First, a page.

Rookie tight end D.C. Jefferson works on his blocking during the Fan Fest practice at University of Phoenix Stadium.
The day he was drafted by the Cardinals, tight end D.C. Jefferson – one-time prep quarterback phenom – was asked if he could play as QB in a wildcat formation.
"I can play any cat," Jefferson deadpanned.
The outgoing and quote-worthy Jefferson was born to be a quarterback. He had the size (6-foot-6, 255 pounds) and the skills, having shined behind center his whole life. He even had the sobriquet. D.C. isn't a reference to his own name but a nod to his football resemblance to former Vikings quarterback Daunte Culpepper. (His given name is Lequan Darrell Jefferson.)
So when he came out of the Florida prep scene staring at 50-some scholarship offers before finally settling on Rutgers, "I knew, I knew" quarterback stardom was in his future.
A couple of years later, Jefferson sat with Rutgers coach Greg Schiano – now the Tampa Bay Buccaneers coach –only two
weeks before his redshirt sophomore season was to start and had to hear that quarterbacking was actually not in his future. Tight end was. That was difficult for even the always sunny Jefferson to absorb in that moment.
"It was probably the hardest thing in my life," said Jefferson, the Cards' seventh-round pick in April. "But I am always focused on the positive. I knew I wanted to get to the NFL and that goal was not gone. It just wasn't going to be at the position I wanted or I thought it would be. But I still took advantage of getting to the NFL and I still will have fun. Just not at quarterback."
In one swoop, Jefferson was "punched in the gut and thrown into the fire." He knew little of playing tight end. Going from five- and seven-step drops to running routes and crashing into linebackers as a blocker wasn't exactly a natural transition.
Jefferson attacked the move with enthusiasm. The NFL would find him if he was good enough. Of this he was sure.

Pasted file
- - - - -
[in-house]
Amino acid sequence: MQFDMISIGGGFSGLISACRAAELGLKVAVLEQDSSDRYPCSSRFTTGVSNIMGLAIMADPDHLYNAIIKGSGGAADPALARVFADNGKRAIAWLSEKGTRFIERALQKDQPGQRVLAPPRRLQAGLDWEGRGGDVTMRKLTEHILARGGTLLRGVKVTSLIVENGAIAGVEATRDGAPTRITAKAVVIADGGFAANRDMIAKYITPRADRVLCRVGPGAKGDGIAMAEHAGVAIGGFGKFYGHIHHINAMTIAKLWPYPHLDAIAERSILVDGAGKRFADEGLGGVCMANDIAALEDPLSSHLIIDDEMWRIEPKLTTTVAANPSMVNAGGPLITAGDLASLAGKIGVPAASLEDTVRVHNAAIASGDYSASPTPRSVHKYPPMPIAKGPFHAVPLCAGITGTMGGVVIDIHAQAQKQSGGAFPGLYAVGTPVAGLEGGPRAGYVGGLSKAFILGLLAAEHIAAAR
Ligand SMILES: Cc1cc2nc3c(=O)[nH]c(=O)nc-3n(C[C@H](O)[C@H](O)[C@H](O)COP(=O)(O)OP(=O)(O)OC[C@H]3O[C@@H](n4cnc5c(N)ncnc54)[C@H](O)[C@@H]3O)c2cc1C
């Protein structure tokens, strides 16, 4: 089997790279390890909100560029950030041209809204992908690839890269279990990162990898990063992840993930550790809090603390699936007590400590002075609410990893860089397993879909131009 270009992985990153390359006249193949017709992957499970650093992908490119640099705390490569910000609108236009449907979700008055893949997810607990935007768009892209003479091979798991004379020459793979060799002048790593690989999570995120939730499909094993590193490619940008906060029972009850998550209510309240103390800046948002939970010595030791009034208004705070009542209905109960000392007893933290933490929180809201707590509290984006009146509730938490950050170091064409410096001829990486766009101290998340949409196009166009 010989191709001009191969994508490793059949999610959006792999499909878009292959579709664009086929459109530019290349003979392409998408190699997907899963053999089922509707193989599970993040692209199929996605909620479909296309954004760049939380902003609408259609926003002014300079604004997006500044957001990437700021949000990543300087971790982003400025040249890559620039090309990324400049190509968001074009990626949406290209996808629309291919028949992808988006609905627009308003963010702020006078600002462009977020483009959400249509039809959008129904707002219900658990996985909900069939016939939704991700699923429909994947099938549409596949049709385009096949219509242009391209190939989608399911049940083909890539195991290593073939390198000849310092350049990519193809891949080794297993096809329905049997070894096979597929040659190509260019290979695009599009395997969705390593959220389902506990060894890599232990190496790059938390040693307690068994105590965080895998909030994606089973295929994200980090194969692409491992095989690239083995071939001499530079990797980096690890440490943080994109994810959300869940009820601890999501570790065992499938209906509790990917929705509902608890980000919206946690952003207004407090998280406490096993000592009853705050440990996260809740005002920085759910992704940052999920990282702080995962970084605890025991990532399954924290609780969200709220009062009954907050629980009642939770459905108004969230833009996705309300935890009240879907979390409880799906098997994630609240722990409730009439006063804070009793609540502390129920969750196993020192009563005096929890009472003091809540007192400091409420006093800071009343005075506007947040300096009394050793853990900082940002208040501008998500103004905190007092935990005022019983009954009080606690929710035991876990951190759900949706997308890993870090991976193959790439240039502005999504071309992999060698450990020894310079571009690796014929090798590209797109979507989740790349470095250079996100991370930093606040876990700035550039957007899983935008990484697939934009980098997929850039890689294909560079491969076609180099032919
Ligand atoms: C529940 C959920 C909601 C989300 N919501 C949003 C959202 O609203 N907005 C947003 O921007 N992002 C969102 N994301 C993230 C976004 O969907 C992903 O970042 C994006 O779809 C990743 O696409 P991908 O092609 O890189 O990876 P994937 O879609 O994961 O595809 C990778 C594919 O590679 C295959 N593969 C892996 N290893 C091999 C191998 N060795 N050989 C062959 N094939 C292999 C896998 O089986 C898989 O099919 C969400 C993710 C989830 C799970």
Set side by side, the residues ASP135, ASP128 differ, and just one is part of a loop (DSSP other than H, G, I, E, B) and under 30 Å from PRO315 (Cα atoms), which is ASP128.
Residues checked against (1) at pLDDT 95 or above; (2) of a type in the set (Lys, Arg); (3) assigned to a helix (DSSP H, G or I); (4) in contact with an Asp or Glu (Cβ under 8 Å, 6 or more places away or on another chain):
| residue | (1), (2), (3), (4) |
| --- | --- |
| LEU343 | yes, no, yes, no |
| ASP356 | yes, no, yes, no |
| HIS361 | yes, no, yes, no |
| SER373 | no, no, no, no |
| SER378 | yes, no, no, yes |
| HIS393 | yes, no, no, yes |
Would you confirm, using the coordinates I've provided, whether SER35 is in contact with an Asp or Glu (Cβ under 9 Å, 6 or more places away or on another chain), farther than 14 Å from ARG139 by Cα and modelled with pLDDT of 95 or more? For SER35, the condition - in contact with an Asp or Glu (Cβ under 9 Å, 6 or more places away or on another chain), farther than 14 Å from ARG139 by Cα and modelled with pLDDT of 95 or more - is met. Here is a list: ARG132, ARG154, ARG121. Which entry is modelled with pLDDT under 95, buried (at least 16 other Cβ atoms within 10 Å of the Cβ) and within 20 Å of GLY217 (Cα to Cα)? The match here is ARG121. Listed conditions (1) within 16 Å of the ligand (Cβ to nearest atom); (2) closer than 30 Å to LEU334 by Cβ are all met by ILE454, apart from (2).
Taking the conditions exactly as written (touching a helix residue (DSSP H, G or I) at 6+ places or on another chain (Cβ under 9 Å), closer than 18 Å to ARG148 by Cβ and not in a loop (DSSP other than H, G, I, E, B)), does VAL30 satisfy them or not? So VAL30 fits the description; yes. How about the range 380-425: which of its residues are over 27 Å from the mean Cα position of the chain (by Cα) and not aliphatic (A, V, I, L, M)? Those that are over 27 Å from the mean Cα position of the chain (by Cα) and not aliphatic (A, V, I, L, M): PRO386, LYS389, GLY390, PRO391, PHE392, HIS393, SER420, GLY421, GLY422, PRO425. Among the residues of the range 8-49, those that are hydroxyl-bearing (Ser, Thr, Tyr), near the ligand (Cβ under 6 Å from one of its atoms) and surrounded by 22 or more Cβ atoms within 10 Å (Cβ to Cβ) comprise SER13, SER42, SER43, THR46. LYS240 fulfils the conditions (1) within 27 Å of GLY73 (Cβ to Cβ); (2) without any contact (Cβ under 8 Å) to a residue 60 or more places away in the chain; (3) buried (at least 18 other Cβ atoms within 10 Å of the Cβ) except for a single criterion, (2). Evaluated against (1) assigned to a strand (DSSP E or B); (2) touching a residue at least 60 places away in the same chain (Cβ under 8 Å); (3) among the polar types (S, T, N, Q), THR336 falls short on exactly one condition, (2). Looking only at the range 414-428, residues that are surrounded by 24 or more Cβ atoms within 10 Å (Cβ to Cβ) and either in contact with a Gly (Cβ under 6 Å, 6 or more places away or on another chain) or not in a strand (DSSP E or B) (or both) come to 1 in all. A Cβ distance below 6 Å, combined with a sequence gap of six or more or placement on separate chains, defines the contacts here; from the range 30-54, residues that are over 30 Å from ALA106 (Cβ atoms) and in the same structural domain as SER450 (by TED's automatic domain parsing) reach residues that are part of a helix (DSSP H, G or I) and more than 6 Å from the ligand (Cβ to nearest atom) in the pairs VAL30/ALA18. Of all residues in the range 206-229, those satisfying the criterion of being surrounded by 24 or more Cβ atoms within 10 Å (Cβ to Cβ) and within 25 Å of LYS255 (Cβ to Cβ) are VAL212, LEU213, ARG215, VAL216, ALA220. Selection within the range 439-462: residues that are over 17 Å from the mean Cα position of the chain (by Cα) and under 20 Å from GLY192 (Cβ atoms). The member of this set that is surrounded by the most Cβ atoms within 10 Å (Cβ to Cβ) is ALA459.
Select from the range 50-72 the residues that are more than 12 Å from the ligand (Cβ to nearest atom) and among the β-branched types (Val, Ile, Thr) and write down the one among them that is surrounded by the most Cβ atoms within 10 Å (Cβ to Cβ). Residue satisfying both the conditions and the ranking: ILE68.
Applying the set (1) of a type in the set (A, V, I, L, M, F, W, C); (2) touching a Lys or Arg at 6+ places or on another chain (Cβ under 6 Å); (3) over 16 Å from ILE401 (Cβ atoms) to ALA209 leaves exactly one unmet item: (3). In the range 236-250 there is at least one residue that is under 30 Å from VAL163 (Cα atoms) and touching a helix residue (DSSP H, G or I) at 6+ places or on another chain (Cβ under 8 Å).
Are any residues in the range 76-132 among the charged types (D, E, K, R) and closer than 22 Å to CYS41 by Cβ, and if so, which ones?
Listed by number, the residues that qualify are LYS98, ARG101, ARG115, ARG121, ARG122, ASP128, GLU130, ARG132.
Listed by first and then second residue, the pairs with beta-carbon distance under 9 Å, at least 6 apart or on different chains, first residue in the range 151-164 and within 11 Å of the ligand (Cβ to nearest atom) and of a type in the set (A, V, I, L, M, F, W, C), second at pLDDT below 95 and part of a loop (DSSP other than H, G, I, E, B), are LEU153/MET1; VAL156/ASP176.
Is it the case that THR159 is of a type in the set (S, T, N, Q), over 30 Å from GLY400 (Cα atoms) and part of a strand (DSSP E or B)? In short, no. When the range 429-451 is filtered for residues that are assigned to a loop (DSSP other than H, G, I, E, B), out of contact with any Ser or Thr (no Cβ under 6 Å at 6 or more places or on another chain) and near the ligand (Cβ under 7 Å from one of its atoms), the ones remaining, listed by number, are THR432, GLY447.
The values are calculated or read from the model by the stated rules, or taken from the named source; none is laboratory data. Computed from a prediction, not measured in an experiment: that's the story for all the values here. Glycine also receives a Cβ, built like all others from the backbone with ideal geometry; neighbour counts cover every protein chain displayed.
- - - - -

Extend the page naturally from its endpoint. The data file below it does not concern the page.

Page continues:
He was starting at tight end soon after his move. He developed as a solid blocker although his receiving numbers – 47 receptions in 43 career starts – didn't exactly move the needle. The Cardinals are hoping that can change, although with pass-catching Rob Housler on the roster, a young blocking tight end is probably a bigger need.
"(D.C.) is still growing and he's still got to mature more into the position," tight ends coach Rick Christophel said. "He does have some innate athletic abilities. Hopefully we can capitalize on those and get him to be the player we think he can be."
Just as Jefferson was sure once upon a time he'd find a way to succeed even though he was changing positions, he carries with him a confidence he will make that jump. The man who can be anyone's friend any given day – his words – isn't lacking for joy whether it is in football or life. That tends to have a positive influence in his job.
"I am a raw tight end finding out the knicks and knacks to be great," Jefferson said. "It's there. I have it. But I am not all the way there.
"Every single year, I never stayed the same. How can I stay the same when I've got (Larry) Fitzgerald right there, and half my game is catching the ball? I will take that. Everywhere I go I humble myself and learn from the guys around me."
Jefferson smiles when he is told a fan suggested during the draft the Cardinals took him not to be a tight end but as a covert choice as quarterback of the future. "I'm the future tight end," Jefferson said. "Pretty sure. Pretty sure."
Then Jefferson gives a dramatic pause.
"But," he emphasizes, "third down, goal line, QB sneak. Boom! I got all this, baby. Like the back of my hand. Just put me in there. Who scares me? Nobody. We all bleed the same."
The grin doesn't fade. Somewhere in there, the quarterback still lives, even if he is playing tight end on Sundays.